3. The survey revealed significant resident anxiety over the impact of visitors on increased fire danger. Particularly noted were the actions not just on campfires on public lands, but the thoughtless actions of visitors in short-term rentals and negligent use of private property. There was strong support for writing stricter property use into the county codes to protect residents from visitor ignorance or willful flaunting of fire safety.
4. The group expressed support not just for a new push to get residents to sign up for Everbridge (the reverse 9-1-1 service that requires people to register), but for the county to transition to 21st Century advance warning technology. Such a service would automatically notify any cell phone that is within the county area in cell phone range, regardless of carrier, about fire or other emergency situations.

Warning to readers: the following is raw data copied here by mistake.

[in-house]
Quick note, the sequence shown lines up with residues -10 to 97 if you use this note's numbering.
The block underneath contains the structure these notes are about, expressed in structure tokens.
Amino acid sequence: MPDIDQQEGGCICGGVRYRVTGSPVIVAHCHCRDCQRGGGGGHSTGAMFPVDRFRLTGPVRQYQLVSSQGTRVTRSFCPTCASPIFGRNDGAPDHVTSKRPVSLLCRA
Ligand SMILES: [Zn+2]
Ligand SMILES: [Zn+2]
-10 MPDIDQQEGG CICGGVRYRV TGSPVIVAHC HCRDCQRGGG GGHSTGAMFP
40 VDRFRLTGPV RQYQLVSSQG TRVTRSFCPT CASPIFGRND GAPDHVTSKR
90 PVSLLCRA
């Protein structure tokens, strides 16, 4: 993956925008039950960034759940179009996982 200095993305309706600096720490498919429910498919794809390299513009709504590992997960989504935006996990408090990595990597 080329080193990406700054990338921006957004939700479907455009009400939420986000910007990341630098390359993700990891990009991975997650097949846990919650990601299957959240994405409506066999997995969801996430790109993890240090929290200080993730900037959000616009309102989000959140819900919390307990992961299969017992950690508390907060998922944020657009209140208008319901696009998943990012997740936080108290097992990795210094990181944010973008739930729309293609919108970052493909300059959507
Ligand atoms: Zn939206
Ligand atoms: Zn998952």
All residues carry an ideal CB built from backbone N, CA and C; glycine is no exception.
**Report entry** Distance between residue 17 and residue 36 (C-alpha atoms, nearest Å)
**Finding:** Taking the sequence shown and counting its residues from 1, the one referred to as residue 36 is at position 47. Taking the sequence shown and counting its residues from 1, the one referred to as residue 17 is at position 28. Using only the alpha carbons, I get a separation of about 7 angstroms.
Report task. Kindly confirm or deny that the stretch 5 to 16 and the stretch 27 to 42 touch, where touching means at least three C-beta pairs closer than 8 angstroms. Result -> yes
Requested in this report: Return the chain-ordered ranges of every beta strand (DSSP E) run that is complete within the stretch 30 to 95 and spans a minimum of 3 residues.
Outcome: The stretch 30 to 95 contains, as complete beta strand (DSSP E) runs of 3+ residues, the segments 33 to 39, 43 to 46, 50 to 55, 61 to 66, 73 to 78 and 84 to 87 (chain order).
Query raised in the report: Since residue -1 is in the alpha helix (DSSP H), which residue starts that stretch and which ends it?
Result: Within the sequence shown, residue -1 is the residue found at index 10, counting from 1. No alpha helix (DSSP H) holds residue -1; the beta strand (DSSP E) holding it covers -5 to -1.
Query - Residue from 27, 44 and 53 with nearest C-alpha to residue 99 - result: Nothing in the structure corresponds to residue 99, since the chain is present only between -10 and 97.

5. In reference to private lands, the group agreed more education is needed to raise resident’s knowledge about treatment to reduce fuel loads on private lands and along evacuation routes.
6. Regarding public lands, the group agreed that the public needs more information so they understand the continuing efforts underway by state and federal agencies to reduce fuel loads on federal lands and to protect water supplies.
The day’s efforts will be prioritized based on the degree of difficulty to accomplish and community impact. While some actions such as a public relations campaign to educate the public on rural wildfire dangers, they may require more resources to accomplish. With priorities established, action plans will be developed for action areas as the group continues to work toward a full CWPP designed to reduce community risk from wildfire.